BUDAPEST — China’s seduce-and-divide strategy in Central Europe is getting a reality check.
For years, Beijing has promoted heavy investments and a particular diplomatic format — called 16+1 — to build its influence with a cross-section of 16 Central and Eastern European countries, some that belong to the EU or NATO, some to neither. Chinese Premier Li Keqiang and Hungary’s Prime Minister Viktor Orbán on Monday opened the sixth China-Central and Eastern Europe summit in Budapest.
This push has set off alarm bells in Brussels, in particular about Beijing’s activities in the Balkans. But it is now also running into regulatory, financial and political hurdles, highlighting possible limits to Beijing’s economic and diplomatic influence in Europe.
China’s “One Belt, One Road” program has pumped money into infrastructure, logistics and transportation networks to allow Chinese products easier access to European markets. Chinese officials estimate that the country has invested over $8 billion (€6.7 billion) in Central and Eastern Europe. This region of some 120 million is relatively new and unknown to the Chinese, but trade is growing: Last year bilateral trade between China and Central and Eastern European countries was up 11 percent from 2011.
“Some countries have not received any new major Chinese investors in the last five years” — Tamás Matura, assistant professor in Budapest
As much as Beijing envisioned 16 Central and Eastern European countries as a cohesive entity that could work together to implement joint projects, in practice they have different priorities and operate under different legal regimes. The EU members among them are less welcoming to Chinese investment.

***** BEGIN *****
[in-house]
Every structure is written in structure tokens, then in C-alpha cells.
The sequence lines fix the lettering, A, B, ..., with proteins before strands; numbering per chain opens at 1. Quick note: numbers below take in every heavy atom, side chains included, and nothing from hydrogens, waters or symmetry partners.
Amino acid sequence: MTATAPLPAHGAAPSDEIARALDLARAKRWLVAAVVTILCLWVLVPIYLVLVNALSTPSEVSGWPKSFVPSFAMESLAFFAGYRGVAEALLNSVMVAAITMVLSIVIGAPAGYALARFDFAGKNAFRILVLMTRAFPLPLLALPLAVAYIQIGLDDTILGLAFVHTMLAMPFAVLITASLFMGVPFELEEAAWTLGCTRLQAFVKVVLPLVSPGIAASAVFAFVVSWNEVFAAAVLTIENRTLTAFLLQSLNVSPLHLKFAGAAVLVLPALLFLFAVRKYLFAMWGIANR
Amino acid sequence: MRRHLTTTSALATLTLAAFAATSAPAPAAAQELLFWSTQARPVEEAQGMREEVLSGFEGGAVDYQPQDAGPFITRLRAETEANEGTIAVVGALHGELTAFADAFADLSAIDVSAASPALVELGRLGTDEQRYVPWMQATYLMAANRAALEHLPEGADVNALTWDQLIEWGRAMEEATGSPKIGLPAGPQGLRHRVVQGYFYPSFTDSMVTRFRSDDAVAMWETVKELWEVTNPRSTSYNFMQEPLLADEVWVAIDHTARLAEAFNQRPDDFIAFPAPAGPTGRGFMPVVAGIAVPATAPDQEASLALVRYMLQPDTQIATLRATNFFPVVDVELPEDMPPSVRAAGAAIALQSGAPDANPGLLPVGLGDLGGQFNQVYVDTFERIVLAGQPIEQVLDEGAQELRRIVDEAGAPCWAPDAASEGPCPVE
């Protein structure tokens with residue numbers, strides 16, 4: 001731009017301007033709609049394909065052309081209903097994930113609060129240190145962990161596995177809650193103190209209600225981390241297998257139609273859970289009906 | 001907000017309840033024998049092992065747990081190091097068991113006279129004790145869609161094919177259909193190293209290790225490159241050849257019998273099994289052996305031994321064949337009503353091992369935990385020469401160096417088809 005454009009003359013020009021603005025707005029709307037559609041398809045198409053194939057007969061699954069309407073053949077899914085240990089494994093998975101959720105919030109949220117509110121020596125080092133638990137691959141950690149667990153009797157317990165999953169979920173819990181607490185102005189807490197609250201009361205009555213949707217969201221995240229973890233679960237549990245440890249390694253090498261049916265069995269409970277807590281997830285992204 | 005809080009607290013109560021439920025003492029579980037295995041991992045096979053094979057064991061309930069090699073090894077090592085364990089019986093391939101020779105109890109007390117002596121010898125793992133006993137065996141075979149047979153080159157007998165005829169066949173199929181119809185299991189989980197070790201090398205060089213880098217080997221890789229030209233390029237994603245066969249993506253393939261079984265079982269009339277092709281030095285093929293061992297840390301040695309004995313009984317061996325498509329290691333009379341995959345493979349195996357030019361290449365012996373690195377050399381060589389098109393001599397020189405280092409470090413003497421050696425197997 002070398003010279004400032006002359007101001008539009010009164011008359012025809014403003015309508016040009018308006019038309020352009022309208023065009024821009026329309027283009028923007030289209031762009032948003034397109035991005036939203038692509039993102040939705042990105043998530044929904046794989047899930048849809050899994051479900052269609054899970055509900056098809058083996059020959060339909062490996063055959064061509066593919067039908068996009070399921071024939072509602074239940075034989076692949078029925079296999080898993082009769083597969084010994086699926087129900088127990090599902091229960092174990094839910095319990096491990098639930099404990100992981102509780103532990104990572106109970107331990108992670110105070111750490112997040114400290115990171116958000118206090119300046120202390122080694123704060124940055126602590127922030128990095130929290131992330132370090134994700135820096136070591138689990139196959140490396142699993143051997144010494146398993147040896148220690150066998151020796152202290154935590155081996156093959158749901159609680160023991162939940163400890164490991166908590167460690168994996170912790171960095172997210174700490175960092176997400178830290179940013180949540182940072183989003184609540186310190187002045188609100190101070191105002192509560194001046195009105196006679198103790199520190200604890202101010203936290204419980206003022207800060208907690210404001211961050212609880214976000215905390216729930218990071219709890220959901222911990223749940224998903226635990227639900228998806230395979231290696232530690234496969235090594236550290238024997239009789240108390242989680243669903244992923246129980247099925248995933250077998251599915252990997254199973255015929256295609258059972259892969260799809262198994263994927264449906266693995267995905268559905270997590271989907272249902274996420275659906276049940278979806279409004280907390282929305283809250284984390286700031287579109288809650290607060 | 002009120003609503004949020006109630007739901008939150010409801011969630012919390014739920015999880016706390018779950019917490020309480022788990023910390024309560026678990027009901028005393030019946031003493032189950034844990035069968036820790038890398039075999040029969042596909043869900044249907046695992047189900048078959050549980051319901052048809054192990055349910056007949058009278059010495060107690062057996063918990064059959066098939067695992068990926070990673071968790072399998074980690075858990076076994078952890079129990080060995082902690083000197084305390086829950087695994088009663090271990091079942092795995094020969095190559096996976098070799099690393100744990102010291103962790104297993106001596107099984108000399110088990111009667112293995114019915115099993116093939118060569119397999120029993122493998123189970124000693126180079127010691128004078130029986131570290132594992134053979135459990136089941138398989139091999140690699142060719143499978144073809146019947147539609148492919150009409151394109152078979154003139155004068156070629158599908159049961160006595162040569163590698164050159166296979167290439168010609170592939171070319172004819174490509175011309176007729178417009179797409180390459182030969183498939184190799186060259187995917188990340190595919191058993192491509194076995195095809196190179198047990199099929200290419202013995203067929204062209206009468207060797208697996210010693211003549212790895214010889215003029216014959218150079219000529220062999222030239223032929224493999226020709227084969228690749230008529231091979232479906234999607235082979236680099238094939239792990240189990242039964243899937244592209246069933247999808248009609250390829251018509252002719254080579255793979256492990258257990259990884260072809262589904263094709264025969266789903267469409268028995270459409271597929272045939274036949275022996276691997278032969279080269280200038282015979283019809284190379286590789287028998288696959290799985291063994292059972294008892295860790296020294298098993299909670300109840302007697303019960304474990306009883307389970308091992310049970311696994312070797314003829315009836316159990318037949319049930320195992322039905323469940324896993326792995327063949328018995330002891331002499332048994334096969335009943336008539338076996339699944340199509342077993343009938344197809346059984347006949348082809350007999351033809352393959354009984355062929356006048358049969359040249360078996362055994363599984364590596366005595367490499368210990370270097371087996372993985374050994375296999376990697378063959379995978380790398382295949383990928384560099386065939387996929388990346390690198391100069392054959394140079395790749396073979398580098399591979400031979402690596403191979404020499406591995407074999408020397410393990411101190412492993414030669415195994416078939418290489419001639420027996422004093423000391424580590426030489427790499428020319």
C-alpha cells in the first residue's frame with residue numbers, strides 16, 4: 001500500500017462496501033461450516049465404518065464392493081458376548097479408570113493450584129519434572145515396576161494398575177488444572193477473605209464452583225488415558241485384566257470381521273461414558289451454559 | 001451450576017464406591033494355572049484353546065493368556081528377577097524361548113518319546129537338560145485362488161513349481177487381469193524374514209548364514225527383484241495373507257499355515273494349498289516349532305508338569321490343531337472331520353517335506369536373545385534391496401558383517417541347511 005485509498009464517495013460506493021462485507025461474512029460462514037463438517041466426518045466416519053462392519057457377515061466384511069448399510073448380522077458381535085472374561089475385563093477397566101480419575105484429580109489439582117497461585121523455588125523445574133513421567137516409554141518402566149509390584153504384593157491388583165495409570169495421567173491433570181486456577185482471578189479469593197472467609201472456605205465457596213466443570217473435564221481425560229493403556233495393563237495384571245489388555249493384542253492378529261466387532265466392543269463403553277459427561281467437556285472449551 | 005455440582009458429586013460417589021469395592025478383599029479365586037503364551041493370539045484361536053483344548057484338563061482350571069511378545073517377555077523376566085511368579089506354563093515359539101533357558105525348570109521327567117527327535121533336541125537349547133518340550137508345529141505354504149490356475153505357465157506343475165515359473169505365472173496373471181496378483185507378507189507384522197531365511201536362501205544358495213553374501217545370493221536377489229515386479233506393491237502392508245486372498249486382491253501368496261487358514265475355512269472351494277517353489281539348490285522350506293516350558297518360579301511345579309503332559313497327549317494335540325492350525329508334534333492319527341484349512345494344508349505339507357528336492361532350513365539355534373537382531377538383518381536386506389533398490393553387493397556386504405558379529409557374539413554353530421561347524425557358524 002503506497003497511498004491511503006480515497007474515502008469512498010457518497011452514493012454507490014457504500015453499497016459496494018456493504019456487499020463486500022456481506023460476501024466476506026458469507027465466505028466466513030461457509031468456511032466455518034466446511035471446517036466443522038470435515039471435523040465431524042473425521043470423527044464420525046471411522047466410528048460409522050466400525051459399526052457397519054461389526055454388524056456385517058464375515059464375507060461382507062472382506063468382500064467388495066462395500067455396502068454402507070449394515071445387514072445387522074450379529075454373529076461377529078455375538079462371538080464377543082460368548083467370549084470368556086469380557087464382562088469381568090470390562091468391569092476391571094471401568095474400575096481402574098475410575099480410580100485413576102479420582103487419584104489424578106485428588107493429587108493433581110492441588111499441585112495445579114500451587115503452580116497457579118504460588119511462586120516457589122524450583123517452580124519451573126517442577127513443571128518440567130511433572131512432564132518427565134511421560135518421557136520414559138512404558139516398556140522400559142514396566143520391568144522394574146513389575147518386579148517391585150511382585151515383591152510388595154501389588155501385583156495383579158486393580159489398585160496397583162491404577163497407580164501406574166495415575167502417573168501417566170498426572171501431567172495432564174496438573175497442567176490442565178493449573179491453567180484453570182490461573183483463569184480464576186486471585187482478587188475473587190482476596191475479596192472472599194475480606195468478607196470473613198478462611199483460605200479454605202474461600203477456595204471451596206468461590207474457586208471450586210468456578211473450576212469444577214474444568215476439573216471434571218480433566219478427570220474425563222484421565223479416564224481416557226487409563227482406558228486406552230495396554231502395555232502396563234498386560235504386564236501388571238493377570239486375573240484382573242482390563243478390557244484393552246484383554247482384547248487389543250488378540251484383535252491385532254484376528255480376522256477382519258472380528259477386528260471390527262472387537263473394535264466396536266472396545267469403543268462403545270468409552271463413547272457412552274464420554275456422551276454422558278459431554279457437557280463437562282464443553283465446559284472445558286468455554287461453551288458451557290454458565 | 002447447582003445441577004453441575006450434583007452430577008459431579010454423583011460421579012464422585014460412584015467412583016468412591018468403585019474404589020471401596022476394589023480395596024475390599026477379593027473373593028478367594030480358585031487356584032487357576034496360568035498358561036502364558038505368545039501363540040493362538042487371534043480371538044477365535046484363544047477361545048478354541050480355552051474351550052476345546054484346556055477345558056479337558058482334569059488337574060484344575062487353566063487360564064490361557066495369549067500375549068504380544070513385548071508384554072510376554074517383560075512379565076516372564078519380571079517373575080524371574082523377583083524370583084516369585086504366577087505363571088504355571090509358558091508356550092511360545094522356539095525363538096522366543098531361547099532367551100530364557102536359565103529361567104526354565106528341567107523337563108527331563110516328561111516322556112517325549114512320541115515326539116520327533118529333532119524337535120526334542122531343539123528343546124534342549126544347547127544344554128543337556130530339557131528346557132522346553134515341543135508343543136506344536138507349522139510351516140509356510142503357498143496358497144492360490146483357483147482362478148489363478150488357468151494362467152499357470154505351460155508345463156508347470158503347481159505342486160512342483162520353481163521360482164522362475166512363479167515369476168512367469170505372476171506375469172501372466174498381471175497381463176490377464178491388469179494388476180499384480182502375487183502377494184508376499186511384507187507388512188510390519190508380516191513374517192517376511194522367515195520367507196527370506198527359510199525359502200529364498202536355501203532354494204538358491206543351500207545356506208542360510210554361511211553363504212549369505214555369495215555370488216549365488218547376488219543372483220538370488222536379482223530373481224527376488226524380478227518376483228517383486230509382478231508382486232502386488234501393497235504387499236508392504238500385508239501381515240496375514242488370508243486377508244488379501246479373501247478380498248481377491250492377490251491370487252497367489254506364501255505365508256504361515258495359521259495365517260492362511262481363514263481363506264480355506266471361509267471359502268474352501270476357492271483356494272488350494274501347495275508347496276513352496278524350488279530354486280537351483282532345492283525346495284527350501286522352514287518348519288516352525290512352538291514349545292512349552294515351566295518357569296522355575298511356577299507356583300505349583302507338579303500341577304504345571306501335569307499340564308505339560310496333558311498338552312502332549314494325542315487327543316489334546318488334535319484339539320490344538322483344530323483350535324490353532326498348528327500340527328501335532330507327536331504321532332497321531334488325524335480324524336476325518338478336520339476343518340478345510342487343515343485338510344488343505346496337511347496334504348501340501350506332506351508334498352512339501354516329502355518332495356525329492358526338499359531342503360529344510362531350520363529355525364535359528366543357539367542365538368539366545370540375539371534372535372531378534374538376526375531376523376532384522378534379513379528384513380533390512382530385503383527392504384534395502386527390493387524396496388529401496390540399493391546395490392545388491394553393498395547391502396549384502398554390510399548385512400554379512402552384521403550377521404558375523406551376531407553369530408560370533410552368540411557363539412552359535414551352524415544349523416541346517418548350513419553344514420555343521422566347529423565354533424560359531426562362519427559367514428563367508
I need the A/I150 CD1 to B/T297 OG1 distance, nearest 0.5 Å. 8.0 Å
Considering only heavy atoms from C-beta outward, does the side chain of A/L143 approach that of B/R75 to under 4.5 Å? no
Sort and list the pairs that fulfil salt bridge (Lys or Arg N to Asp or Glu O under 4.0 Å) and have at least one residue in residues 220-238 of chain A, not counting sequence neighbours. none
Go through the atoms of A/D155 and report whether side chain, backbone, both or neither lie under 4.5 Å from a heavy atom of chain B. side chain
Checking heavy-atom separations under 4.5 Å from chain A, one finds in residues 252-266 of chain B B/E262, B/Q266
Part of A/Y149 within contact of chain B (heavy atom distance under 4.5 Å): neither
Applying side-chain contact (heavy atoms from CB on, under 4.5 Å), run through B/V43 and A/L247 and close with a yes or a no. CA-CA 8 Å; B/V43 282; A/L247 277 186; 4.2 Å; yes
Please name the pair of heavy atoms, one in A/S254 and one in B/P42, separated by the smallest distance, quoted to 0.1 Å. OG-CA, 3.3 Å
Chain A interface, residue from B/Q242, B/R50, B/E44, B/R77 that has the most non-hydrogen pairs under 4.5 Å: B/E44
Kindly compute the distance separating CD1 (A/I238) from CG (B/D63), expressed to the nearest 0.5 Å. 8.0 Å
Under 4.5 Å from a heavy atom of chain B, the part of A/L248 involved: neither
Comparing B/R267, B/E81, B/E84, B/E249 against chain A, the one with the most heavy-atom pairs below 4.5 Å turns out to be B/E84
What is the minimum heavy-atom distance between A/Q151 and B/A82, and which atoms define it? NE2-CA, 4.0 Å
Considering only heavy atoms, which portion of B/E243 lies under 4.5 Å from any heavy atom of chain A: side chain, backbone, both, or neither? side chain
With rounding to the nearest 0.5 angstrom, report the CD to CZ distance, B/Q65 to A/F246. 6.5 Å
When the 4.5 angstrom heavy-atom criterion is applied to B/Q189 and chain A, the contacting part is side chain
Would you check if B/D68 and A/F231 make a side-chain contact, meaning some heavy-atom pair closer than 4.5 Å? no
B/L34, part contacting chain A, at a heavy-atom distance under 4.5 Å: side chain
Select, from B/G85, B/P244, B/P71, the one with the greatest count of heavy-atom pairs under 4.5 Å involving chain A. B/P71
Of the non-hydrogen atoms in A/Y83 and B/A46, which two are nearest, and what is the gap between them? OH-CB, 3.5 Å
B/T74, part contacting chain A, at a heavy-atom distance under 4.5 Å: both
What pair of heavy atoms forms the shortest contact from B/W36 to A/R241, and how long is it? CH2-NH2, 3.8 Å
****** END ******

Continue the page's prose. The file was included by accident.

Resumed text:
Rules and regulations
For Hungary, the host of this week’s summit and the country that absorbs the most Chinese investment in Central and Eastern Europe, Beijing is a potential source not only of capital but of political leverage that could play to Orbán’s advantage as his government’s relationship with EU institutions become more tense.
“As a country that cooperates with the EU, China — if it notices us, because there’s the problem of size, the problem of the difference in our sizes — can quite confidently say that they have an interest in Hungary being strong in the European Union,” Orbán said in July in his annual speech at Băile Tuşnad (Tusnádfürdő), Romania.
But China faces significant challenges as it tries to push through its plans in the region.
“Chinese investment in EU members of the 16+1 has remained limited,” said Tamás Matura, an assistant professor at the Budapest-based Corvinus University. “Some countries have not received any new major Chinese investors in the last five years.”
China has had more success in Western Balkan countries like Serbia, Montenegro and Bosnia and Herzegovina, “where EU funds are not available and EU regulations are not applicable,” he said.
Western Balkan leaders have warmly welcomed Chinese economic initiatives and worked to build friendly ties with Beijing. In Serbia, the region’s largest beneficiary of Chinese investment, China has bought factories and provided funding for roads, bridges, energy projects and railways.